Diverse Axiom-1 R&D Seeks To Boost Space Economy

Left to Right: Ax-1 Pilot Larry Connor, Commander Michael Lopez-Alegria, Mission Specialist Mark Pathy, Mission Specialist Eytan Stibbe
Credit: Axiom Space

Once docked to the International Space Station, Axiom Space’s four private astronauts face a busy eight-day visit intended to demonstrate that human commercial spaceflight is more than just tourism.

Following their April 8 launch aboard a SpaceX Crew Dragon and Falcon 9 rocket from NASA’s Kennedy Space Center, the Ax-1 crew—Mike Lopez-Alegria, retired NASA astronaut and Axiom’s vice president for business development; mission pilot Larry Connor, founder of an Ohio-based  real estate investment firm; Eytan Stibbe, an Israeli investor and philanthropist; and Mark Pathy, a Canadian investor and philanthropist—are to rendezvous with the orbital lab early April 9, with a linkup to the U.S. Harmony module’s space-facing docking port planned for 6:45 a.m. EDT.

Once the hatches open, the astronauts will kick off more than two dozen wide-ranging scientific research and technology development activities with value to life on Earth as well as nurturing the space economy.

The overall 10-day mission is a forerunner to Houston-based Axiom’s NASA-sponsored commercial free flying space station.  It’s NASA’s strategy to sustain human low Earth orbit research and technology activities aboard a constellation of commercial free flyers as one of many paying customers while the agency’s human exploration focus shifts to the Moon and eventually Mars.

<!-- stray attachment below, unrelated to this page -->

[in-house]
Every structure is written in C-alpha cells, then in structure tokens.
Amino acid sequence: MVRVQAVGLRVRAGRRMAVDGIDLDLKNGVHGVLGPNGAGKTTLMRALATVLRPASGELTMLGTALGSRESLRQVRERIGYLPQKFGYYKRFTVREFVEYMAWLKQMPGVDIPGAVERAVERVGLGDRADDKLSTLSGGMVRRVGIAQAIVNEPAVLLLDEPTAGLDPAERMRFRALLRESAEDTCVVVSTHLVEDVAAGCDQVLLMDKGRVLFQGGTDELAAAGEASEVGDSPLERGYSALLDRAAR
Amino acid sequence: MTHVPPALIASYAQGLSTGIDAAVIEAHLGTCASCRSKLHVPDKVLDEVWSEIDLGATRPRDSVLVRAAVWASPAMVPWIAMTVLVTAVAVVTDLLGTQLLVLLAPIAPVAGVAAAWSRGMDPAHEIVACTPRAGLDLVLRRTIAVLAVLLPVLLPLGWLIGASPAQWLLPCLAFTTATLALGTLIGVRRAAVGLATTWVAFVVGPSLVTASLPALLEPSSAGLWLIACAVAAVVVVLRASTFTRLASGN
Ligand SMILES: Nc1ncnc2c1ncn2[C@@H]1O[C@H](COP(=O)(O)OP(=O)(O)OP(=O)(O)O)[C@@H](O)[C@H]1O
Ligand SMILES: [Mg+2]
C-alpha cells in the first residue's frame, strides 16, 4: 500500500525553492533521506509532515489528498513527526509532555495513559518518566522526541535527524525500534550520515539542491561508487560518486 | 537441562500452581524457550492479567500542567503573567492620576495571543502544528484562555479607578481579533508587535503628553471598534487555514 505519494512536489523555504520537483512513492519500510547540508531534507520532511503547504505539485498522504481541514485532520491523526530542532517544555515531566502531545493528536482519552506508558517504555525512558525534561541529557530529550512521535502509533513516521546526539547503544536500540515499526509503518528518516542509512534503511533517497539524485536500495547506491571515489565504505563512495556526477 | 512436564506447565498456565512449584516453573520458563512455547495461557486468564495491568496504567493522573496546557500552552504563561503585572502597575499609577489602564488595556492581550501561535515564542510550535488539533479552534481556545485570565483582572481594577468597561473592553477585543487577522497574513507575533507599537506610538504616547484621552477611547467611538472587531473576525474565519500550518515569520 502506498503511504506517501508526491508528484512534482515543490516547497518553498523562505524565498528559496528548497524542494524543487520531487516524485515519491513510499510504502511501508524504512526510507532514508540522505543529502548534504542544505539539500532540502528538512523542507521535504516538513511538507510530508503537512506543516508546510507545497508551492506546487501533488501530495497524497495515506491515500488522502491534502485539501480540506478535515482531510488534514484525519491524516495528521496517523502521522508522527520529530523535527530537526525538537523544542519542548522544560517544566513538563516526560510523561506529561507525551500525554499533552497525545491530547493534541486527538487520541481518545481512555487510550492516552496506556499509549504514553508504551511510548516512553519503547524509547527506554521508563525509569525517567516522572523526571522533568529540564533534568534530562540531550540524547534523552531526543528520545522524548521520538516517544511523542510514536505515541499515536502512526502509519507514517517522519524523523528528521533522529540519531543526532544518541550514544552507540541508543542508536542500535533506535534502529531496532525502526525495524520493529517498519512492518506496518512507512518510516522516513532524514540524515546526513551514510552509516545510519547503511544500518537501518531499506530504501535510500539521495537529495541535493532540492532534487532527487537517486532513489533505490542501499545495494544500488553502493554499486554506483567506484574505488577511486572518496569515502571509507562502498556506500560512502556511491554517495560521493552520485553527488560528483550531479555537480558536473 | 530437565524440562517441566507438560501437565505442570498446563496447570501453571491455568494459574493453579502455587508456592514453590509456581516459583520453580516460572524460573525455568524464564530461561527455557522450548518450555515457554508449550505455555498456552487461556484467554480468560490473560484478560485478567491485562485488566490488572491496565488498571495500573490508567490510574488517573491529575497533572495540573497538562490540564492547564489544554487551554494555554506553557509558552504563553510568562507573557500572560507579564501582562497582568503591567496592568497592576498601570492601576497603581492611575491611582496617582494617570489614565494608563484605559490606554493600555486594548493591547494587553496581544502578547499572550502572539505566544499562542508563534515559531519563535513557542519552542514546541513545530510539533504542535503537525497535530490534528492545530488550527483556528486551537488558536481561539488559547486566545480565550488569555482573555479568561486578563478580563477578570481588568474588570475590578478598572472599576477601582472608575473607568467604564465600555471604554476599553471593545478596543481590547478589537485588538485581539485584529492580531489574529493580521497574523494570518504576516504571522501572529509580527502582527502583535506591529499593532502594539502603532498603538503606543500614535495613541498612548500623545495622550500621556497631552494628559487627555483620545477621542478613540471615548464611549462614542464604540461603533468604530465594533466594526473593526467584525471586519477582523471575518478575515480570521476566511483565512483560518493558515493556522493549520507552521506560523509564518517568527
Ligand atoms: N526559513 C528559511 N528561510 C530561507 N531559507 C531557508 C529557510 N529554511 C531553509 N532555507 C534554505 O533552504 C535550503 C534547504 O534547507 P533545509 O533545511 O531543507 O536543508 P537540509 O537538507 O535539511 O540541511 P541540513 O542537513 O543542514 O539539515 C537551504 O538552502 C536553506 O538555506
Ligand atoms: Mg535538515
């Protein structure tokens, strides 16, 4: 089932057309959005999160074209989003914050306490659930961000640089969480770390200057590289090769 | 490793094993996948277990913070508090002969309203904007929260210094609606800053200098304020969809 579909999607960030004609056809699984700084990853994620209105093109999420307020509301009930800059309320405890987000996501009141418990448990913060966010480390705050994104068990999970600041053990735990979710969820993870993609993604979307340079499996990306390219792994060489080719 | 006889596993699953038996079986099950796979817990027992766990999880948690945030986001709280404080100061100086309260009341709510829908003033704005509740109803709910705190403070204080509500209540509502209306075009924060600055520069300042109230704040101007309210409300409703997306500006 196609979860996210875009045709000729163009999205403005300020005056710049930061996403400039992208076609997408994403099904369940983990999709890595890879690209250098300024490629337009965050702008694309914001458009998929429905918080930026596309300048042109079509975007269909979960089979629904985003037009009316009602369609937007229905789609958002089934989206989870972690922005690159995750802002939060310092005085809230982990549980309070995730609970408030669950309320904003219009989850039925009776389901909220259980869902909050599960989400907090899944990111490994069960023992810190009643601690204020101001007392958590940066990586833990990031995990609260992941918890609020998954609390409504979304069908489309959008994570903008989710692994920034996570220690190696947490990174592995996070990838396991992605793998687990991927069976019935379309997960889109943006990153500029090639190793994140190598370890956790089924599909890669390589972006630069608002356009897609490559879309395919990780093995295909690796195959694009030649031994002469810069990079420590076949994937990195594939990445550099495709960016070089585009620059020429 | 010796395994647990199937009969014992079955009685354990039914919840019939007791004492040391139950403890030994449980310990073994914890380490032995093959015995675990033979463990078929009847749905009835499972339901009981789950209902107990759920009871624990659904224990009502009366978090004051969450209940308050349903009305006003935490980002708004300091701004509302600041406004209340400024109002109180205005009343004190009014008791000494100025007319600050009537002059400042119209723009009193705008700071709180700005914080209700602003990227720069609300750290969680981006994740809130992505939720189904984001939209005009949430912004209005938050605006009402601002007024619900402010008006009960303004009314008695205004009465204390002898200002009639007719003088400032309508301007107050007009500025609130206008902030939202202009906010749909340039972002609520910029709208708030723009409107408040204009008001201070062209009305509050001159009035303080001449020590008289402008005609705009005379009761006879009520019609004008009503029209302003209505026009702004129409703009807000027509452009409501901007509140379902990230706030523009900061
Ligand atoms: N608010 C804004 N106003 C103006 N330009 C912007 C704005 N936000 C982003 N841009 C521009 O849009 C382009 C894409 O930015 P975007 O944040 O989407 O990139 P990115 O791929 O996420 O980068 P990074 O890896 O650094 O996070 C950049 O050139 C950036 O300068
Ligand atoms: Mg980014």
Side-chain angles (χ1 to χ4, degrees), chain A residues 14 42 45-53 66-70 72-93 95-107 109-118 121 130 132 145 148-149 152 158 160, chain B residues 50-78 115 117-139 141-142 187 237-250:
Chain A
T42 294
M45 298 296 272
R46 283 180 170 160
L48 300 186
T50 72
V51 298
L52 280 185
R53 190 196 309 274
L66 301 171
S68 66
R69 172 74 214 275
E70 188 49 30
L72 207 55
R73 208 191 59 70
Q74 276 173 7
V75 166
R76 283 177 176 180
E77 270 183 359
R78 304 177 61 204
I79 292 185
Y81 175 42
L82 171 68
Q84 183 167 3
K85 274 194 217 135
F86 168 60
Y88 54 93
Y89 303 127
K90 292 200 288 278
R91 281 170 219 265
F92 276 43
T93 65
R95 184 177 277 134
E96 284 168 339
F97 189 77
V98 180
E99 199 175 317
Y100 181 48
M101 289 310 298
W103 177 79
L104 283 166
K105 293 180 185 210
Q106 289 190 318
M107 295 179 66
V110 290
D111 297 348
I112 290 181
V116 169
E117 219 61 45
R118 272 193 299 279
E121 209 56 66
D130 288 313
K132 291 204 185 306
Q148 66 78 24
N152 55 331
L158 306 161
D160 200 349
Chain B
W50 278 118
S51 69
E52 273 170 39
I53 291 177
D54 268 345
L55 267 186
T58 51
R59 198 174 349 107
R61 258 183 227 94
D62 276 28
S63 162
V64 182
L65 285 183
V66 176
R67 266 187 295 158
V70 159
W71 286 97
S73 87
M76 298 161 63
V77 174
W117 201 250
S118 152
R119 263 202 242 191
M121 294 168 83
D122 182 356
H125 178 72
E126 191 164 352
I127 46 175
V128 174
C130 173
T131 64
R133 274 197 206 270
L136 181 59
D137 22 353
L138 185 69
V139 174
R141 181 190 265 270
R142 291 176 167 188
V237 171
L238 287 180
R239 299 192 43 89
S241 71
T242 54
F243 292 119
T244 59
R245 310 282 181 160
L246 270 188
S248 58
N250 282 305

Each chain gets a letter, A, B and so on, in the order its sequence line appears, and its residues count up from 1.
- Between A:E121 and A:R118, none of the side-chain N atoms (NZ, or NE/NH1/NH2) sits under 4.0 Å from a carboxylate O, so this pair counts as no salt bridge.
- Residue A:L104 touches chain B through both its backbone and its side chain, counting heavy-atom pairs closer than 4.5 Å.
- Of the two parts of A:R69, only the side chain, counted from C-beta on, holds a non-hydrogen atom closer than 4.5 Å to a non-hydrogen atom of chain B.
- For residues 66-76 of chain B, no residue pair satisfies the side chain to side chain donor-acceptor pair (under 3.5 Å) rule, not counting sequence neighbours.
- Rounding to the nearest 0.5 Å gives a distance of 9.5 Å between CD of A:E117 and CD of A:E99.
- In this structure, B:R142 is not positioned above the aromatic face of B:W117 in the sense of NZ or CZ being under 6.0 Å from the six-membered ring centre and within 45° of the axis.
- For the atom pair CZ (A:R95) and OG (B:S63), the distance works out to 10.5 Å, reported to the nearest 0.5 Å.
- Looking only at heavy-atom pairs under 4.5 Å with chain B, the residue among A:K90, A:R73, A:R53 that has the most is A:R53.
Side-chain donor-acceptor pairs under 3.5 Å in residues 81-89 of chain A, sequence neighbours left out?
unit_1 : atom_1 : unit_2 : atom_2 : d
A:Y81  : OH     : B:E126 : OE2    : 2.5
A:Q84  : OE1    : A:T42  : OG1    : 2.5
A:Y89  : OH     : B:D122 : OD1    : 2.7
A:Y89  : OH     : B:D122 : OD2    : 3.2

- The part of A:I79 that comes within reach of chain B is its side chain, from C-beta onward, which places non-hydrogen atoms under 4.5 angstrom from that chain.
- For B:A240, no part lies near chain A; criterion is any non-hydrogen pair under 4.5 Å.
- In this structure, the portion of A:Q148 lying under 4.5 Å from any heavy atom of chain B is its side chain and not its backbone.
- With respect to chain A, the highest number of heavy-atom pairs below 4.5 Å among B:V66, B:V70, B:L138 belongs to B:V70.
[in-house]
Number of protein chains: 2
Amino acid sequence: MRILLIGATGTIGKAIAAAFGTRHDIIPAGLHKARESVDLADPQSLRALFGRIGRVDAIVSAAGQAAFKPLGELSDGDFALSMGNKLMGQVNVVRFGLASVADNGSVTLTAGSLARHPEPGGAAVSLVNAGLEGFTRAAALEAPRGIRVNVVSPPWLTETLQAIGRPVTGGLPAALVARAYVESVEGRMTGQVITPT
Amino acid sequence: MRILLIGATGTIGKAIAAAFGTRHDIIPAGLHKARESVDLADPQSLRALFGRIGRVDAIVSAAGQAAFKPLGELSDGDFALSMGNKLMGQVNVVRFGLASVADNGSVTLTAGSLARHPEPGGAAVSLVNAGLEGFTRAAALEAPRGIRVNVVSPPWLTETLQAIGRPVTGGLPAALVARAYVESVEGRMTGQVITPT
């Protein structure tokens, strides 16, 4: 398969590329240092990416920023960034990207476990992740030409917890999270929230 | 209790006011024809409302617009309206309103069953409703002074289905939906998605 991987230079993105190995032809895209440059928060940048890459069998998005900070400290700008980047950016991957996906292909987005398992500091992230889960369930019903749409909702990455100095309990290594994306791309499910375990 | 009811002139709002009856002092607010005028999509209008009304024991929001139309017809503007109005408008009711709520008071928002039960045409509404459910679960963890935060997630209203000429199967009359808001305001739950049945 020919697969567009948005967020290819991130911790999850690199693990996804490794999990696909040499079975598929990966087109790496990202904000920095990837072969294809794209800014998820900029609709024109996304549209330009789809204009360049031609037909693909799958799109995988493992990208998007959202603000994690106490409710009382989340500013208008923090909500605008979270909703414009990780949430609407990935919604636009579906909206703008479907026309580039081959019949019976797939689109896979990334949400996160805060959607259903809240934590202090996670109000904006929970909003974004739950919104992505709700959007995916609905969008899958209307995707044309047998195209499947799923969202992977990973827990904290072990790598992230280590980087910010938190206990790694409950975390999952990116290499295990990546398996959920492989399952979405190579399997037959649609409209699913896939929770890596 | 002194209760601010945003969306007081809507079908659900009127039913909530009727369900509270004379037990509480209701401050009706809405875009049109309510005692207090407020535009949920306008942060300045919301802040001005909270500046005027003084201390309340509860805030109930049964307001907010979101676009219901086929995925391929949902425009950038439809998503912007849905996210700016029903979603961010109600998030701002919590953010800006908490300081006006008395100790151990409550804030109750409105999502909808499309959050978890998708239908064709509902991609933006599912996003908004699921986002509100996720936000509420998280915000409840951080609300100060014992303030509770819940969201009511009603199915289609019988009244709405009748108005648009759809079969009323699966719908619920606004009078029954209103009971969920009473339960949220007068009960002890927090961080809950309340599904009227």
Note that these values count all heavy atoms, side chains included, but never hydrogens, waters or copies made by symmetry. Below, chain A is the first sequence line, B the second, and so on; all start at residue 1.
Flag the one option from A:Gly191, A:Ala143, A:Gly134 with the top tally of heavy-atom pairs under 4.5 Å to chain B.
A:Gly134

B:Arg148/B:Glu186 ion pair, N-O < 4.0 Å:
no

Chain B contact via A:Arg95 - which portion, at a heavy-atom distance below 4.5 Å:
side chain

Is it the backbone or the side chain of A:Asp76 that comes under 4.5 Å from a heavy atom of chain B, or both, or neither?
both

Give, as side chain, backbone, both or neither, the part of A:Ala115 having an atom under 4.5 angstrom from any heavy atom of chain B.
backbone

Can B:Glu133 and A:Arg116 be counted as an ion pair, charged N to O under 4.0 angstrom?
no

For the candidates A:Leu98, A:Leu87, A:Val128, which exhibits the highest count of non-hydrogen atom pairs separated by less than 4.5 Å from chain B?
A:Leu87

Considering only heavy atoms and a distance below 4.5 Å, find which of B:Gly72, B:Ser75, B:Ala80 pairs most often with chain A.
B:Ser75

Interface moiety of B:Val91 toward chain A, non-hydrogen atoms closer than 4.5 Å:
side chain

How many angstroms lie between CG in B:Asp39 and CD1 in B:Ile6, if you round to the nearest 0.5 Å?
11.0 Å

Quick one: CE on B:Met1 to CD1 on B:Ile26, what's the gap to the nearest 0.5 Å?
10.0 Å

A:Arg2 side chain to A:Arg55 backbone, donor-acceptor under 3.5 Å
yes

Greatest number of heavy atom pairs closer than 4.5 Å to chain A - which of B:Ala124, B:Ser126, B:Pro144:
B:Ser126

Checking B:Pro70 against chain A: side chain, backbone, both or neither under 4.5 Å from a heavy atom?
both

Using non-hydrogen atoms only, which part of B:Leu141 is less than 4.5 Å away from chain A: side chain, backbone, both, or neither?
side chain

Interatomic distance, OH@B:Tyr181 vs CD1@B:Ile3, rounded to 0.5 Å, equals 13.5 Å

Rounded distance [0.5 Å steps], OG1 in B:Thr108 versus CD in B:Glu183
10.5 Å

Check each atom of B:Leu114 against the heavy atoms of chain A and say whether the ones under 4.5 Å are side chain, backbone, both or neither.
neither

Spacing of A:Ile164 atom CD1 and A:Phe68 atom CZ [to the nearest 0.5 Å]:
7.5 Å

“As the first step on a path to building a diverse, thriving economy in low-Earth orbit, Axiom has partnered with leaders in academia and industry to bring new users and new investigations in research to the space station,” notes Christian Maender, Axiom Space’s director of in-space manufacturing and research. “The collection of biological and technological tests during the Ax-1 mission represents a breadth of research that will inform everything from human health considerations to novel infrastructure and design for our future homes away from Earth, beginning with Axiom Station.”

According to U.S. Department of Commerce Bureau of Economic Analysis statistics released in January, the gross economic output of the U.S. space economy reached $194.6 billion in 2019, of which $156.7 billion came from private industries. The overall total is up from $174.8 billion in 2012.

Axiom Station’s assembly is to begin in late 2024, with the launch of the first of several initial modules that will be anchored to the ISS. As the decade progresses, Axiom Station will separate to become an independent outpost. Ax-1 is the first of what Axiom Space intends to be two private astronaut mission launches to the ISS annually.

“This is just the first of several Axiom Space crews whose private missions to the International Space Station will truly inaugurate an expansive future for humans in space and make a meaningful difference in the world when they return home,” predicts Mike Suffredini, Axiom Space cofounder, president and CEO,  whose resume includes serving as NASA’s ISS program manager from 2005 to 2015.

During their stay at the ISS, the Ax-1 quartet plan to conduct a range of research and technology activities while working alongside the current seven-member U.S., European and Russian ISS crew, who themselves are in the midst of a multi-week crew exchange.